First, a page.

Finally. It’s here.

The Selection Sunday that’s been 2 years in the making is now upon us. While there are still COVID-relate issues popping up at places like Duke, Virginia and Kansas, the tournament field will be laid out by day’s end.

That, my friends, is a victory. Barring some sort of COVID outbreak, we should see at least 6 SEC teams in the NCAA Tournament when the bracket is revealed (6 p.m., CBS). Alabama, Arkansas, Florida, LSU, Mizzou and Tennessee have all but punched their respective tickets thanks to a pretty chalk-y SEC Tournament.

So what are the top SEC storylines heading into Selection Sunday?

1. Ole Miss’ bubble

There shouldn’t be a whole lot of bubble drama for SEC teams. Ole Miss appears to be the only SEC team having to sweat it out on Selection Sunday. Kermit Davis’ squad missed a golden opportunity to pick up another quality win against a solid LSU squad in a back-and-forth game on Friday night. Given the way that things shook out — more on that in a minute — that seemed like it would’ve practically punched a ticket.

Ole Miss went into Saturday among the “first 4 out” without a chance to really boost the résumé other than pulling for a Tennessee win against Alabama in the SEC Tournament semifinals. The good news is that a bunch of bubble teams like Michigan State, Syracuse, Louisville, Duke, Seton Hall and UCLA all had early conference tournament exits, and the loaded Mountain West bubble was destined to shrink. The problem being that MSU, Syracuse and UCLA were all perceived to be in that group ahead of Ole Miss, according to ESPN’s Joe Lunardi.

The other problem was what happened on Saturday night. Both Georgetown (shoutout Patrick Ewing) and Oregon State stole bids by winning their respective conference tournaments. That was a tough development for a bubble that had actually looked somewhat favorable to that point.

Ole Miss fans knew that if a South Carolina win was the only boost, the odds probably weren’t going to be anything better than a coin flip. Even that might be a stretch. If the program is going dancing for the second time in 3 years, it’ll be by the slimmest of margins.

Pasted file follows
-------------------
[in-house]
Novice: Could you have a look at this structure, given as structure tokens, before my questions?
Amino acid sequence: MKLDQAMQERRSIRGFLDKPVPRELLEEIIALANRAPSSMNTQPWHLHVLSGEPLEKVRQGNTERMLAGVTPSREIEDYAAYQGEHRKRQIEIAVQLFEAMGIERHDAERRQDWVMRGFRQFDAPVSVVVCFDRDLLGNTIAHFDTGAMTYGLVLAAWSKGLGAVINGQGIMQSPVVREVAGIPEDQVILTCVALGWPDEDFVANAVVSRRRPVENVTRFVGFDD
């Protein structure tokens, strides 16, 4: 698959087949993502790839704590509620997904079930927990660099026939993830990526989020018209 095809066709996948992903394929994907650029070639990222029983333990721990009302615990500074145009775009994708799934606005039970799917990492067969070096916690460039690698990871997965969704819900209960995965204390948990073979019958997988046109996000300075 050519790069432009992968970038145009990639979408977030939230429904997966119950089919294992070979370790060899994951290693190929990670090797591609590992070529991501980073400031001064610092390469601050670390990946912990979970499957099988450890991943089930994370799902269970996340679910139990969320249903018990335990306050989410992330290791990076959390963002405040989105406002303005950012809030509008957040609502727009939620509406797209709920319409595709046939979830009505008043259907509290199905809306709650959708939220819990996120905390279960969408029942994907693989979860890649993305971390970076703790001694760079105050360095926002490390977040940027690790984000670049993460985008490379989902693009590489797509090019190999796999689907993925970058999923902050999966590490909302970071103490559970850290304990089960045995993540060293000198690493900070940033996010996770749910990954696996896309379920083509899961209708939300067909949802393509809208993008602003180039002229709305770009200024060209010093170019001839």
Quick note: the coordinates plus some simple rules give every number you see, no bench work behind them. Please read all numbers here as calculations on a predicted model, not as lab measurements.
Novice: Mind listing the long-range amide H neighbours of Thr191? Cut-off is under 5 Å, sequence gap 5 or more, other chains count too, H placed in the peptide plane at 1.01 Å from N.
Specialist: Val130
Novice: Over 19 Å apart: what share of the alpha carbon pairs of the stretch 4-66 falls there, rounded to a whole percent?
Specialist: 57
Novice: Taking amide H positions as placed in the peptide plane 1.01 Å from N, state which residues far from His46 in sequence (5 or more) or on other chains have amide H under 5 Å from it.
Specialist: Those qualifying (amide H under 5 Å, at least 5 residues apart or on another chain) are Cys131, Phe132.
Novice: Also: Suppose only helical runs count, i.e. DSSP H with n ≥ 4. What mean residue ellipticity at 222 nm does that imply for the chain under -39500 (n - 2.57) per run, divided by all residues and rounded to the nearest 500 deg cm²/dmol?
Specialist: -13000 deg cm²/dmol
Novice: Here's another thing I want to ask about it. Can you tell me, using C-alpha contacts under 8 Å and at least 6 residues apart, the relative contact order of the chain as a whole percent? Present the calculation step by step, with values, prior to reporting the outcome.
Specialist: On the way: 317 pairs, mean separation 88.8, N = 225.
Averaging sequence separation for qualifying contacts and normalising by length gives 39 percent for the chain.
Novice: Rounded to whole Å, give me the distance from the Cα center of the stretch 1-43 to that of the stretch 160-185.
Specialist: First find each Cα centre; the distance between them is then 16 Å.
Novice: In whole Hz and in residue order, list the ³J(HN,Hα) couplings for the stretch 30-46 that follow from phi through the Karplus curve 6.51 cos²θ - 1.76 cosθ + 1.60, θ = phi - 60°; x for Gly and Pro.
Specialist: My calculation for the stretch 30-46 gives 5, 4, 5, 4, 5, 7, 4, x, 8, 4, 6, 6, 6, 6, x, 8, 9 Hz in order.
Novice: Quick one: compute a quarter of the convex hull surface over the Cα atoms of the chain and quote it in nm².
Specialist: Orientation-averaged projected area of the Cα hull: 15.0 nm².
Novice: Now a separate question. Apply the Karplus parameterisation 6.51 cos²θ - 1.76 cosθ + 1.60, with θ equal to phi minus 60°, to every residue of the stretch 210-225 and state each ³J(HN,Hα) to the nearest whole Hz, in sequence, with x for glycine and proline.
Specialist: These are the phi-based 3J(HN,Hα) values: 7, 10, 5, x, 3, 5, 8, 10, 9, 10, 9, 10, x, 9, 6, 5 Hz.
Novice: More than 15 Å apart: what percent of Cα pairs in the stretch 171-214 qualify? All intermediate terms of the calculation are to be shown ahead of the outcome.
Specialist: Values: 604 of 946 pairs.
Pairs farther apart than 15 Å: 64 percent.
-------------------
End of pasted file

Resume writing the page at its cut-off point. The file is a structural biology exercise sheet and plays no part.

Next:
A potential play-in game scenario could await, which would certainly be better than nothing. More likely is that Ole Miss looking at a possible replacement team slot if a team is pulled from the tournament with COVID issues within 48 hours of the selection show (more on that a bit later).

2. Is a 1-seed up for grabs in Nashville?

Can Alabama get there? An impressive comeback win against Tennessee in Saturday’s semifinals was certainly a good start. The Crimson Tide might not have played as well as Arkansas down the stretch in the regular season, but if you told any Alabama fan in December that the program would be a borderline 1-seed heading into Selection Sunday, they would’ve been giddy.

Working in Alabama’s favor potentially was Michigan’s nail-biter loss to Ohio State in the Big Ten Tournament semifinals. Then again, Lunardi did already pour some cold water on that before Saturday’s action:

But would that change if Alabama dominated LSU today in the SEC Tournament final? That’s a potential 6-7 team bid league that Alabama would have swept and done so in pretty convincing fashion. As great as Michigan was for most of the year, that’d be quite the loud statement to finish on.

What seems certain? Alabama shouldn’t wind up in the same regional as Gonzaga. That’s a win for Nate Oats’ squad.

It’ll be interesting to see if Arkansas gets anything other than a 3-seed after Saturday’s loss to LSU. Lunardi said entering the day that moving up to a 2-seed wasn’t likely because of how solid the 2-seeds were. Even with the loss, one would think Arkansas beating Mizzou eliminated any chance of falling to that potential 4-seed, which seems like a brutal spot to be given how dominant the likely 1-seeds have been.

There’s still plenty for Arkansas fans to celebrate on Sunday.

3. Will there be any lingering effects of the John Fulkerson-Omar Payne incident?